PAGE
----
A first embodiment of the apparatus according to the invention, in which this possibility is realised, is characterized in that a diaphragm is arranged between the projection lens system and the second alignment mark, which diaphragm is transparent to radiation in the region where the portions of the alignment beam diffracted in the first orders by the first alignment mark reach said diaphragm.

Since the diaphragm is arranged outside the projection lens system and close to the projection of the first alignment mark, it may occur under circumstances that radiation diffracted in higher orders, notably in the third and fifth orders of the alignment beam passes through the diaphragm apertures and reaches the detection system. To prevent this, the last-mentioned embodiment may be further characterized in that a diaphragm system which only passes the portions of the alignment beam diffracted in the first orders by the first alignment mark and the second alignment mark to the radiation-sensitive detection system is arranged between the second alignment mark and said detection system.

This diaphragm system may be a diaphragm plate with apertures for the first order beam portions, but it may alternatively consists of a plurality of radiation-conducting pipes for the first diffraction orders only.

The above-mentioned different filter elements for the first order beam portions can also be combined.

The diameter of the correction element is, for example, smaller than one tenth of that of the projection lens system and this correction element is arranged at such a position within the projection lens system that this element influences the radiation path of the projection beam as little as possible so that the quality of the image of the mask pattern on the substrate is maintained as satisfactorily as possible. Under circumstances the apparatus according to the invention may be further characterized in that the illumination system supplies a projection beam which has an annular cross-section in the plane of the correction element in the projection lens system. It can then be ensured that the internal diameter of the annular cross-section at the area of the correction element is larger than the surface area of the correction element.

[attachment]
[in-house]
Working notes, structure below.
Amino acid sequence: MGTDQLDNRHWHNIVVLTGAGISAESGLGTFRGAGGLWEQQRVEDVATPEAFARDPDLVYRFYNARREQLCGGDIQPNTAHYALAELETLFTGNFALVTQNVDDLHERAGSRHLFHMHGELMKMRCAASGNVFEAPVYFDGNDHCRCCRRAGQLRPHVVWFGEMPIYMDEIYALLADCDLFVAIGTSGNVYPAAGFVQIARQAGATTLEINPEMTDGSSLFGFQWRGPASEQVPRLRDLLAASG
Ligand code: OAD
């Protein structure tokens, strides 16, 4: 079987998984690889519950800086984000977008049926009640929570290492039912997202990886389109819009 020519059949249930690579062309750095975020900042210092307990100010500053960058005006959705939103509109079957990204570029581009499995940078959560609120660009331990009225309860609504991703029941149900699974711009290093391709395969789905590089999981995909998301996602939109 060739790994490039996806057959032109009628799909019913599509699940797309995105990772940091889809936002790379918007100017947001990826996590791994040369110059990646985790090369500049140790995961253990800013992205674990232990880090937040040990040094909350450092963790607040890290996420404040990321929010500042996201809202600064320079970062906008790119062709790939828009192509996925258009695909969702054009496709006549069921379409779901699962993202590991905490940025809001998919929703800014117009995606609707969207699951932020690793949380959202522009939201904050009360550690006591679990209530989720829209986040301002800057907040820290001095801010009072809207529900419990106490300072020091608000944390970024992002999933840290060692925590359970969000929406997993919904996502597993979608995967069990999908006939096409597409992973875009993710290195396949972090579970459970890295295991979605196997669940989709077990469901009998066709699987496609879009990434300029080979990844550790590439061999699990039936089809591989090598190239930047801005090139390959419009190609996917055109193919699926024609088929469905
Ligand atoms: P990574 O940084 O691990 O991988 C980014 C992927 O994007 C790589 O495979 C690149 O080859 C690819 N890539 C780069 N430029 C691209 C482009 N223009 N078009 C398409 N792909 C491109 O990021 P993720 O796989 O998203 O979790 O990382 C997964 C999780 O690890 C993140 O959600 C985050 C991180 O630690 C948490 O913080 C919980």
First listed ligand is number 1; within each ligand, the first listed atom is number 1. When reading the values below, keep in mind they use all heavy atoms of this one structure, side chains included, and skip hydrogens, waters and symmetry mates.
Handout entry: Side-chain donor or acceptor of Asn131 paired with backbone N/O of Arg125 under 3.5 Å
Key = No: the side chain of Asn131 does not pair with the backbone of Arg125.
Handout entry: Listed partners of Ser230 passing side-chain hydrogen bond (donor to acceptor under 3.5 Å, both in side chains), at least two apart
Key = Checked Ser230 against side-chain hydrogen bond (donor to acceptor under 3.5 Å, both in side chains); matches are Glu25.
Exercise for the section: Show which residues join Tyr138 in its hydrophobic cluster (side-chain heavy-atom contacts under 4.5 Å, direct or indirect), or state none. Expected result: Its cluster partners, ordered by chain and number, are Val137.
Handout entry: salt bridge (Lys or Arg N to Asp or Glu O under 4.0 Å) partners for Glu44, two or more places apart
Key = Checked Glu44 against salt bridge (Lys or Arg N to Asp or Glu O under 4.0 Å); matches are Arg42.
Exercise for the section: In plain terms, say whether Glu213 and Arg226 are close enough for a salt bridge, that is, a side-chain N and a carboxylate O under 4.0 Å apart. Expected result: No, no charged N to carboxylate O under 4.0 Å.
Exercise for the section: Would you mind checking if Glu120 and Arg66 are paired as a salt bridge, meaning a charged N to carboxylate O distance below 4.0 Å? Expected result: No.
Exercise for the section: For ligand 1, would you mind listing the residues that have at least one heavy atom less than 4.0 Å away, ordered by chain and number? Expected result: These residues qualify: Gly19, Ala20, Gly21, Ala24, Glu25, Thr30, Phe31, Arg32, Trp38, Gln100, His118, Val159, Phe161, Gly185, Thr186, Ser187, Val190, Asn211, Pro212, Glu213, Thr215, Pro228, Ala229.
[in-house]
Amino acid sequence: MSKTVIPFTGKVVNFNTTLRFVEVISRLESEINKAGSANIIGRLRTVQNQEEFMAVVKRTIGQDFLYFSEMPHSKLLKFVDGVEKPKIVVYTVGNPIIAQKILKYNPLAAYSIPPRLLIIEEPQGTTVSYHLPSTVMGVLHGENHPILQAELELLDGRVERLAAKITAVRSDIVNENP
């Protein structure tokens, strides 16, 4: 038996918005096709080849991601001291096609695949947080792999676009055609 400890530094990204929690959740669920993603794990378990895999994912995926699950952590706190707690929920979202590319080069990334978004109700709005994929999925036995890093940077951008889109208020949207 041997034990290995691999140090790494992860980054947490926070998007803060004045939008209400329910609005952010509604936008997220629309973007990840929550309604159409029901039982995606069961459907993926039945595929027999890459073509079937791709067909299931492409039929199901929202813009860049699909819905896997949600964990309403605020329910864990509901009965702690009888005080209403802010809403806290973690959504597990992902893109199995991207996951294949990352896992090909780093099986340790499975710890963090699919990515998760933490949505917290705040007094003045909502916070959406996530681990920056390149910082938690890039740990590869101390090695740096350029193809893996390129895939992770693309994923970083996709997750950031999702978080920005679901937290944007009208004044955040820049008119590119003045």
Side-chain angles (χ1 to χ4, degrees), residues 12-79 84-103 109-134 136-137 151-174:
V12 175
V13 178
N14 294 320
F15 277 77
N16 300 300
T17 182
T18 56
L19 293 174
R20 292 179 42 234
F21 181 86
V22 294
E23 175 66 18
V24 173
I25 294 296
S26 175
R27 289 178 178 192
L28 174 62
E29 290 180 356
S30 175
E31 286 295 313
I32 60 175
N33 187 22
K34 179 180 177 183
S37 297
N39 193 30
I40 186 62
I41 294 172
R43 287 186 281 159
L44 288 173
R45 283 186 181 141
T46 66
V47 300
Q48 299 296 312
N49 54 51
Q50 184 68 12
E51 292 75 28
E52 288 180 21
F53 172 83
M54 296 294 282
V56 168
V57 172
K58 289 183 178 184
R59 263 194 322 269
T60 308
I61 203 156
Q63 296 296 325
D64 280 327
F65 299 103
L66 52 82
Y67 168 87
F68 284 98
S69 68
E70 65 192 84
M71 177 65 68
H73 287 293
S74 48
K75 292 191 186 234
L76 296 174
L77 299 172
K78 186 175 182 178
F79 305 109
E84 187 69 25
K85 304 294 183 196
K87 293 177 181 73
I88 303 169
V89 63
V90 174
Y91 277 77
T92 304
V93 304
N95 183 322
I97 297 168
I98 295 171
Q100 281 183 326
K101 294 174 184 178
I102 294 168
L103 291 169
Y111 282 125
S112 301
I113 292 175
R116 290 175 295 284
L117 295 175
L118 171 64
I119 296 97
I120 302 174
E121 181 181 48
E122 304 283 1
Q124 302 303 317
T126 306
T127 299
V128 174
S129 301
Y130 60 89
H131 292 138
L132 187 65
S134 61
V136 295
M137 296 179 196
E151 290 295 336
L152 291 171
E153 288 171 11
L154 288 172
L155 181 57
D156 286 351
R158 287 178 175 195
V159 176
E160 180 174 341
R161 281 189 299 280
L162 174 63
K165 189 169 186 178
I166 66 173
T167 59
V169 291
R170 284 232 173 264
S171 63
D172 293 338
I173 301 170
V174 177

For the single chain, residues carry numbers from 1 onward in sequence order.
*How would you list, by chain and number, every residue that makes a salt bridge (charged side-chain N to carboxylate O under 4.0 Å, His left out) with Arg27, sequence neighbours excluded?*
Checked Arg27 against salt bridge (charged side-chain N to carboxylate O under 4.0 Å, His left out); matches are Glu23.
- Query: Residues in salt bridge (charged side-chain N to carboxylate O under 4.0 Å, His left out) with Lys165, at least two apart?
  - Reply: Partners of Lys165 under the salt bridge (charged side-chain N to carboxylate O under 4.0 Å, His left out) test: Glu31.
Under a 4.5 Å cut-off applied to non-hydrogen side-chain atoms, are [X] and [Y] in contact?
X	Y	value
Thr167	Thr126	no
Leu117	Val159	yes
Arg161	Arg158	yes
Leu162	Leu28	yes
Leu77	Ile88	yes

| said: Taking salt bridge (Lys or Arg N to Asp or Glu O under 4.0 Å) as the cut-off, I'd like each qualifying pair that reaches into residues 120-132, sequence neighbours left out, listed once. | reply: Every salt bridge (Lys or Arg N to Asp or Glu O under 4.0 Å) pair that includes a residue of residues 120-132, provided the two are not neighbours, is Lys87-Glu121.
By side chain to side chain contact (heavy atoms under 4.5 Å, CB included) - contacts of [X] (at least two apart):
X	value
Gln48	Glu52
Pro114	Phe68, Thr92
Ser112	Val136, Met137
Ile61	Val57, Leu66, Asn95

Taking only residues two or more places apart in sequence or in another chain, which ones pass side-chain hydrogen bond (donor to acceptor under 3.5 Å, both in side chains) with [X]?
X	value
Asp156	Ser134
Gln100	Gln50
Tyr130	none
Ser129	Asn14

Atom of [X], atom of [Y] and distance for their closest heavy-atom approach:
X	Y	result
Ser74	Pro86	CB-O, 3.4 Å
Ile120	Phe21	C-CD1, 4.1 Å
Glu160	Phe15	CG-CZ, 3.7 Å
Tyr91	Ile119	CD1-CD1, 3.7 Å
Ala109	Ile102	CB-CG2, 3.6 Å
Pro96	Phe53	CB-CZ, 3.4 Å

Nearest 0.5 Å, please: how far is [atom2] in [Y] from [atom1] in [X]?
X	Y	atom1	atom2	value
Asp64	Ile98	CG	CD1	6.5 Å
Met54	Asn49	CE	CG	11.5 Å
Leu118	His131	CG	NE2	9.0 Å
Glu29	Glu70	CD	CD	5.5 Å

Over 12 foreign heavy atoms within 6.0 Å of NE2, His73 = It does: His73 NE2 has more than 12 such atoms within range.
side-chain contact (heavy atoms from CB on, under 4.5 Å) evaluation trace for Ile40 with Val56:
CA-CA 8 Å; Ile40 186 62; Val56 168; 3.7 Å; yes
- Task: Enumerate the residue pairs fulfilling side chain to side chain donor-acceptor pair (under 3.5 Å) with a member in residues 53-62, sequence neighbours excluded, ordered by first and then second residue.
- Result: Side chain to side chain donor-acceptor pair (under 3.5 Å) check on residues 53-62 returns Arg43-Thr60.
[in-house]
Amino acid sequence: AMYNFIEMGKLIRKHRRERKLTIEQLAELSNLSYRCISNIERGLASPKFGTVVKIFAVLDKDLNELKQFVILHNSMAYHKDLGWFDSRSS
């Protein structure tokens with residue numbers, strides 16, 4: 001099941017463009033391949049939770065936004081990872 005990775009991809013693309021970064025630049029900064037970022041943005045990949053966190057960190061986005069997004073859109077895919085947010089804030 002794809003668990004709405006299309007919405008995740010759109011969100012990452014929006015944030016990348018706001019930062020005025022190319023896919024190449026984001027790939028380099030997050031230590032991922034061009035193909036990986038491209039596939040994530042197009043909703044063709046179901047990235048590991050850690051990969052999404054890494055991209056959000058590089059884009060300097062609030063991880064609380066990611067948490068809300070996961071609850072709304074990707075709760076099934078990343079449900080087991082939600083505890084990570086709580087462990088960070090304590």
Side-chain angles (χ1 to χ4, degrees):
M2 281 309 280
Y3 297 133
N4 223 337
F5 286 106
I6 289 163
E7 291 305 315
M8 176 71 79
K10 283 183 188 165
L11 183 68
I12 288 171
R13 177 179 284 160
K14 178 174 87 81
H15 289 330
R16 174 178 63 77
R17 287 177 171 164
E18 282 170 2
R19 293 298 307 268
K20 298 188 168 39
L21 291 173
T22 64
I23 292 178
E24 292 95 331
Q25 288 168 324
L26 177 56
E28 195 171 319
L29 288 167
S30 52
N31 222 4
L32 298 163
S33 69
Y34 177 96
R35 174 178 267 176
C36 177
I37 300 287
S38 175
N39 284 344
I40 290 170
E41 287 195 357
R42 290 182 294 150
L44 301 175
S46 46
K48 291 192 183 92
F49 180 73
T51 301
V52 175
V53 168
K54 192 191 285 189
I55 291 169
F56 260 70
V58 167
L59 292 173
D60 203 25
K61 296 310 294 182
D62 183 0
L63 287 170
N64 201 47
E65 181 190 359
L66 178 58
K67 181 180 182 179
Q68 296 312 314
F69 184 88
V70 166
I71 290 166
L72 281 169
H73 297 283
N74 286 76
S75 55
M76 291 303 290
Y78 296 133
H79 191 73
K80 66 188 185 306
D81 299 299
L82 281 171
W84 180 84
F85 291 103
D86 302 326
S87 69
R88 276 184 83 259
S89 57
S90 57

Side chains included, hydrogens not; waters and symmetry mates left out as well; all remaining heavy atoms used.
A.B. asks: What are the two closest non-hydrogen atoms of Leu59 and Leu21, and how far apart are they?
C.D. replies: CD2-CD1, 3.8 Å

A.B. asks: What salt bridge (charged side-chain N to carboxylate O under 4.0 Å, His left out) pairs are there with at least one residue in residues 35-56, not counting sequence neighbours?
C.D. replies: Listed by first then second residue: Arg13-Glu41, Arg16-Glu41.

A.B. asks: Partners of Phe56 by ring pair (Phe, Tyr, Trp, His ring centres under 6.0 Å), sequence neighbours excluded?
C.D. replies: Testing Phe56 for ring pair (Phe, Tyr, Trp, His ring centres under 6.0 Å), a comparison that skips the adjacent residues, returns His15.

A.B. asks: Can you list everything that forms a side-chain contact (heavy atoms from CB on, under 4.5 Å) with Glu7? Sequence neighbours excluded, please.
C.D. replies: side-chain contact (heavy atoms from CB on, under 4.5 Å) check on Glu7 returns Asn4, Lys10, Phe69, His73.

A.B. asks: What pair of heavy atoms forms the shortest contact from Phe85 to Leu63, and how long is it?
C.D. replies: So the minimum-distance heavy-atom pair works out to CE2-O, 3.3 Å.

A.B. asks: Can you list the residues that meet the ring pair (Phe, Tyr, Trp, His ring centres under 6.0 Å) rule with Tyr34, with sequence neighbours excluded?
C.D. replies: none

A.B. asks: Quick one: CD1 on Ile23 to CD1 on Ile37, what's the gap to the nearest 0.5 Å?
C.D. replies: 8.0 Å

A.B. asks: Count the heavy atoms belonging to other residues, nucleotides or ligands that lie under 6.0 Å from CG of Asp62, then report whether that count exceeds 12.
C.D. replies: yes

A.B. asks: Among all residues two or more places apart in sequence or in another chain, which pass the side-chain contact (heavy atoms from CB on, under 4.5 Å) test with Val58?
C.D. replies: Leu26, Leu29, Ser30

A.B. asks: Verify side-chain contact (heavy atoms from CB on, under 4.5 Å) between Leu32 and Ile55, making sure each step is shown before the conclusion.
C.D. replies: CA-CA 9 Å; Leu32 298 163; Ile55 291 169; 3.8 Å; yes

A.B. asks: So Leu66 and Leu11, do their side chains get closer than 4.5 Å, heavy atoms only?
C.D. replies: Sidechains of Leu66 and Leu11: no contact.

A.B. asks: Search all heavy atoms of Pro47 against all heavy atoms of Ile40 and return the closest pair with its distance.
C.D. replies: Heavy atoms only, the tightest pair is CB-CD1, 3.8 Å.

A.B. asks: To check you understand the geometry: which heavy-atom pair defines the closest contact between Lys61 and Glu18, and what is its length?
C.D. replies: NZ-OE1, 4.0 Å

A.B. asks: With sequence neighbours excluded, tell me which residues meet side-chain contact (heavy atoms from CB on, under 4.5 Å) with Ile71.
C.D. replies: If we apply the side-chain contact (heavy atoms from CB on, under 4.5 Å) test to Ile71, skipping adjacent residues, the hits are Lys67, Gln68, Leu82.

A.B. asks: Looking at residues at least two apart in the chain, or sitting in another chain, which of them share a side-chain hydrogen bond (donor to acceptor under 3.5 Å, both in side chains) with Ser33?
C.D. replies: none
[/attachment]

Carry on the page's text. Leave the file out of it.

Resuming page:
There are different main embodiments of the apparatus according to the invention, which embodiments are distinguished from each other in the way in which the substrate and mask alignment marks are projected on each other and possibly on a further alignment mark.

A first main embodiment is characterized in that the first alignment mark is a mask alignment mark and the second alignment mark is a substrate alignment mark, and in that a reflector is arranged in the path of alignment sub-beam portions, which are diffracted firstly by the mask in the first order and subsequently by the substrate alignment mark in the first order, said reflector only reflecting said alignment sub-beam portions towards a detection system.

A second main embodiment of the apparatus is characterized in that the second alignment mark is formed by a further alignment mark located outside the substrate and the mask and in that a mask alignment mark as well as a substrate alignment mark are a first alignment mark, both of which are projected on the further mark.